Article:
Last year I wrote a blog outlining challenges and opportunities facing the construction sector as we transition to a circular economy. Much has happened since then, as evidenced by the variety of interpretations presented by manufacturers, contractors, designers and researchers at the Green Construction Board’s conference in January1. Circular economy concepts are being developed and trialled so fast that the Construction Products Association has created a Knowledge Resource for Circular Economy Thinking in Construction just to keep pace with the subject2.
To date, many manufacturers have focused on the potential to reuse and/or recycle their existing products whilst pioneering companies have begun to consider how we would deconstruct buildings and reconstruct them someplace else. These interpretations are by no means incorrect, in fact in some circumstances deconstructing a building and then using refurbished or remanufactured components to rebuild in another location might be the most appropriate option. However, in doing this the industry risks creating a solution for a problem that is not the most important one we need to solve.
This is because the circular economy, as many of us know it, is best applied to products with a short lifespan and high turnover rate (e.g. small electronics). If we design buildings to last 30 years with the intention to replace them several times thereafter we could end up using more resources than if we had designed an adaptable building that will be in continuous service for 100 years or more. The real problem we need to solve is how to design, construct and maintain healthy buildings that will accommodate the changing needs of various occupants over a century, whilst using as few natural resources as possible.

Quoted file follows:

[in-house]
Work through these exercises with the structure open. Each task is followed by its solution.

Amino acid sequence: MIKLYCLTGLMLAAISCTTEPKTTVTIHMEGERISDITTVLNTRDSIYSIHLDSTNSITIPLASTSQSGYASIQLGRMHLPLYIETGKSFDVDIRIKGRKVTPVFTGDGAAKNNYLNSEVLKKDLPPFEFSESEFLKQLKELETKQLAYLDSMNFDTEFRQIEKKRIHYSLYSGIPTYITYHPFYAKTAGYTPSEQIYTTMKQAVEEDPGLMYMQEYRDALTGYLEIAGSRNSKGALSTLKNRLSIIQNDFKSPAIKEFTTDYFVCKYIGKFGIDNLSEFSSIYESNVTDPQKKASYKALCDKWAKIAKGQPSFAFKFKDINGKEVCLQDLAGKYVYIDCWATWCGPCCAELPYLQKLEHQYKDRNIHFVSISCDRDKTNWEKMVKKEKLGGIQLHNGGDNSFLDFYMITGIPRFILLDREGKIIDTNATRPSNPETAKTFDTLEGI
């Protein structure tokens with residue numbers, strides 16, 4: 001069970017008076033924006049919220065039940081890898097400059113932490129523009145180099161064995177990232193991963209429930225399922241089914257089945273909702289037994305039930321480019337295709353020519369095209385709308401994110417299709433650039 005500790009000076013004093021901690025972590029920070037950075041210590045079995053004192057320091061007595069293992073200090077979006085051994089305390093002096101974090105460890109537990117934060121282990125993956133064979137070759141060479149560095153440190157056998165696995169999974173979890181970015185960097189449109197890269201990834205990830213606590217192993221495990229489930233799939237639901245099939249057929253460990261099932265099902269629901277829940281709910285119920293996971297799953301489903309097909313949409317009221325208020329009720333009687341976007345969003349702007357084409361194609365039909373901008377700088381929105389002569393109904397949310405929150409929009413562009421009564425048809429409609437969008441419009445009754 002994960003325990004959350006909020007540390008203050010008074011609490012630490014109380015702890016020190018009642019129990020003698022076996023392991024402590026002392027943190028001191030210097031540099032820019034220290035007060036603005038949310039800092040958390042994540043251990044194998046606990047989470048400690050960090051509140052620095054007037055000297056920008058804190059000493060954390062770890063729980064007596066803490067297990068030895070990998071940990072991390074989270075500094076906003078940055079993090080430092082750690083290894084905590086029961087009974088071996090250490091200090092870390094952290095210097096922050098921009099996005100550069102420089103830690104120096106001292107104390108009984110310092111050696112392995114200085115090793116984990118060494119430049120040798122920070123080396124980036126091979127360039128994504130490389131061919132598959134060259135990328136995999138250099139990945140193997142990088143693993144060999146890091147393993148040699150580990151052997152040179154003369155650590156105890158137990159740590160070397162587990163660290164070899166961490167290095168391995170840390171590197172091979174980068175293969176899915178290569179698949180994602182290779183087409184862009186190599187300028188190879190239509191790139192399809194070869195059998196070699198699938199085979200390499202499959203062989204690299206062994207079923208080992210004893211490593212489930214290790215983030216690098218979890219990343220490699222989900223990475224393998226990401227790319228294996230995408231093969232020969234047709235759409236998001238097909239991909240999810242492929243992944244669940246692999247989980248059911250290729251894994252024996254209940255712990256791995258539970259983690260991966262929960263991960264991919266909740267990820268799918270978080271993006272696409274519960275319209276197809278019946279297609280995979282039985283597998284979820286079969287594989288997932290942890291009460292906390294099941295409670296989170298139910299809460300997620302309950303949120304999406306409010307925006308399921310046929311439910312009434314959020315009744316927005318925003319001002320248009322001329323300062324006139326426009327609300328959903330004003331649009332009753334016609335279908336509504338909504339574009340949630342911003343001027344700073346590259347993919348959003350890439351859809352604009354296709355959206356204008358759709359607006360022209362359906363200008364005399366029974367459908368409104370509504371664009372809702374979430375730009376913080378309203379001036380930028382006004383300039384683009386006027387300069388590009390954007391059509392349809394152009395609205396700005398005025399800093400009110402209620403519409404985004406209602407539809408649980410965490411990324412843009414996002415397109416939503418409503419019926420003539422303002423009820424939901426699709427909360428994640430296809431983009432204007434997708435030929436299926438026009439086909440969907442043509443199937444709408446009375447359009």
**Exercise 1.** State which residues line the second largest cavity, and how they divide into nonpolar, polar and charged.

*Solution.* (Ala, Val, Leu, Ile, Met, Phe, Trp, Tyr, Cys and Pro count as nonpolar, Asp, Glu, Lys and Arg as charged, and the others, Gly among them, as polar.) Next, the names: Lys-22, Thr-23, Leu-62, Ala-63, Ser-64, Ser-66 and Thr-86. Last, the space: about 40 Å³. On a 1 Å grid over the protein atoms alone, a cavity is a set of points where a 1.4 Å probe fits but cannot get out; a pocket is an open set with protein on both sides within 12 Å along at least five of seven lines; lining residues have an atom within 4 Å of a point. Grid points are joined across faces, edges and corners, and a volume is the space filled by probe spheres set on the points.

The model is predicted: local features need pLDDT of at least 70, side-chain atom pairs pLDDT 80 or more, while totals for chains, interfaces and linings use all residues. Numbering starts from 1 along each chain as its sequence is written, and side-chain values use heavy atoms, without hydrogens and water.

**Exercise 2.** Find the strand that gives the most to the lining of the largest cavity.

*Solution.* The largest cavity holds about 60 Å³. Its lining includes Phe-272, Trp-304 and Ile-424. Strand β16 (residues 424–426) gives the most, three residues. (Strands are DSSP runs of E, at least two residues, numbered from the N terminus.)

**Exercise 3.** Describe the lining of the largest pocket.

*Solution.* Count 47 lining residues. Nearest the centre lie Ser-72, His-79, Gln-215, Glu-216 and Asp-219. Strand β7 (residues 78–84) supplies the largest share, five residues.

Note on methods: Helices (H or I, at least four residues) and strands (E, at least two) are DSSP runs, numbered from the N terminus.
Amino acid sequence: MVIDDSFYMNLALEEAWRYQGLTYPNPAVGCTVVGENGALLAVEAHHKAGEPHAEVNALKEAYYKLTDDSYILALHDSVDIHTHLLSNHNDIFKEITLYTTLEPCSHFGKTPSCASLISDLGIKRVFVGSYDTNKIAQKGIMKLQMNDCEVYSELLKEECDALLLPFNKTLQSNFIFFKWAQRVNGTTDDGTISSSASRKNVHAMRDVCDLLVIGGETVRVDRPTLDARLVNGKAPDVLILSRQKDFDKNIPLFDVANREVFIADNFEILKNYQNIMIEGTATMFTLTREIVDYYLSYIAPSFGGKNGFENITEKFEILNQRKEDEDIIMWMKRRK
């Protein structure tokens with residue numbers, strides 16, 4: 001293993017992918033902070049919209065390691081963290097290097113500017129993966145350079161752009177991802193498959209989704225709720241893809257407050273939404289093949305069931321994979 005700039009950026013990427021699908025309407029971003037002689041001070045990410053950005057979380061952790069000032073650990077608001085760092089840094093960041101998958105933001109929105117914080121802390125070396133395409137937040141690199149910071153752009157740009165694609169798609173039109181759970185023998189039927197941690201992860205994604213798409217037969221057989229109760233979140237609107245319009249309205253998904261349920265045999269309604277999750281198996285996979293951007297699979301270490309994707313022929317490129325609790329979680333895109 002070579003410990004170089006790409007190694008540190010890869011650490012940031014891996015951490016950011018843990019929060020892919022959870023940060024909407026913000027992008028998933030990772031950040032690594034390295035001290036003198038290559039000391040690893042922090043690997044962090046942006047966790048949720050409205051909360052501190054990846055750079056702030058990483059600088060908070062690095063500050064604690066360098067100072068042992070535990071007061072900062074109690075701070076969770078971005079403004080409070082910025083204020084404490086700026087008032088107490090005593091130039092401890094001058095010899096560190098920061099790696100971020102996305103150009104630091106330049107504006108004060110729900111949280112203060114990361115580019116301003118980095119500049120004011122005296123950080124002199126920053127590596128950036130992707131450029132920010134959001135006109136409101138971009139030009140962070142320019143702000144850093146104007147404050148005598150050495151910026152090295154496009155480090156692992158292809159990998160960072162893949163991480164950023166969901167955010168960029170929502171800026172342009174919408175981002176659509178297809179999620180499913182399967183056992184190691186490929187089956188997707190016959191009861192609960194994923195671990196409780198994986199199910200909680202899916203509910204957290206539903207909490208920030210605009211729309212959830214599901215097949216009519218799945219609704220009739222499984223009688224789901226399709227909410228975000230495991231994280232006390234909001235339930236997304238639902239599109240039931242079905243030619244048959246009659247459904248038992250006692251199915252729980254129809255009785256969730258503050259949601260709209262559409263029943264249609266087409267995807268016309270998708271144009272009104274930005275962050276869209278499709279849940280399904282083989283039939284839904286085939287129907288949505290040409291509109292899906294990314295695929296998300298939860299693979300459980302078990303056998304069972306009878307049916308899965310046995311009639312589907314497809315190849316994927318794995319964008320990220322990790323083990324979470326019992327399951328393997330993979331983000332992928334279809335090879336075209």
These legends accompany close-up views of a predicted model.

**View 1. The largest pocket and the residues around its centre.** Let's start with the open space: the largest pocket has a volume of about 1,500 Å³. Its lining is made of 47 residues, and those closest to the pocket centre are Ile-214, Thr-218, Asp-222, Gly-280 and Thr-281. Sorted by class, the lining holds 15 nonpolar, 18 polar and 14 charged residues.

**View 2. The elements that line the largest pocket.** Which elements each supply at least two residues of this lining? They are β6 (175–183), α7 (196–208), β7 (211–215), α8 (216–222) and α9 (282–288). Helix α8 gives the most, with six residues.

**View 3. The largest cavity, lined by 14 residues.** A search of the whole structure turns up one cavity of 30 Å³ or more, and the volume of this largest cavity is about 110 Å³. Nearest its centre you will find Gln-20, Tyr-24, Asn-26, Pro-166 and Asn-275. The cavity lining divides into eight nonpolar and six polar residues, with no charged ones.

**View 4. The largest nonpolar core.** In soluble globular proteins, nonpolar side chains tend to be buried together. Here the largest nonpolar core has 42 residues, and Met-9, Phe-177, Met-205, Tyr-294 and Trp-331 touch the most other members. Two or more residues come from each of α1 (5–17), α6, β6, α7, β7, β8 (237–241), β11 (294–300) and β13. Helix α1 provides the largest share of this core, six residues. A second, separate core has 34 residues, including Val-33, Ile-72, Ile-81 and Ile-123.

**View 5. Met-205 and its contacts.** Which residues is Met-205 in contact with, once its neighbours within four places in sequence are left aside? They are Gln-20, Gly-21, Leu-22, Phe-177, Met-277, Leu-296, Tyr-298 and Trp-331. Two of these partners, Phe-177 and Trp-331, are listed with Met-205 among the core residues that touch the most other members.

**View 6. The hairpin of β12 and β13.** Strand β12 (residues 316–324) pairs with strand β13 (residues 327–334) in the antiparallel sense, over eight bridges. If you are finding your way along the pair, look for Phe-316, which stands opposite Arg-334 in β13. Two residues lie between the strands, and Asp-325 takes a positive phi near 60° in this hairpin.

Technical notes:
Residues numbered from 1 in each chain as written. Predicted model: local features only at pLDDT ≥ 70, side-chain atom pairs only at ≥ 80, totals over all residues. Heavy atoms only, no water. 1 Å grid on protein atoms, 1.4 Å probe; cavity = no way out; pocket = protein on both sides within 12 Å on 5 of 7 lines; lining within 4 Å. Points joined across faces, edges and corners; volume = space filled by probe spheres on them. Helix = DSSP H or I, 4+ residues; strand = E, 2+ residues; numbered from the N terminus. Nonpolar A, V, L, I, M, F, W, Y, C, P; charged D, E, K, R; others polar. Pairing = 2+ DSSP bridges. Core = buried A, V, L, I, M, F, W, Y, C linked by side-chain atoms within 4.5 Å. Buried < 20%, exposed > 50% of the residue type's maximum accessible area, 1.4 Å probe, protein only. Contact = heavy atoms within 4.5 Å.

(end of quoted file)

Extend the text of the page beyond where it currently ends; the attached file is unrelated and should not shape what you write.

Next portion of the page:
Therefore an interpretation of the circular economy for the built environment needs a different approach to many of the existing models which have been designed for consumer goods. It needs to have the principles of longevity, quality and adaptability at its core, and encourage value chain collaboration so that buildings can morph from commercial to domestic or residential use (and back again) without having to deconstruct or demolish a site. If this approach were to be fully realised it is possible that asset managers could maximise rental income and natural resources could be conserved. The Brick Development Association’s sustainability committee have designed a model depicting ‘four fundamentals of design’ which will facilitate the transition to a circular economy in the built environment (see image below).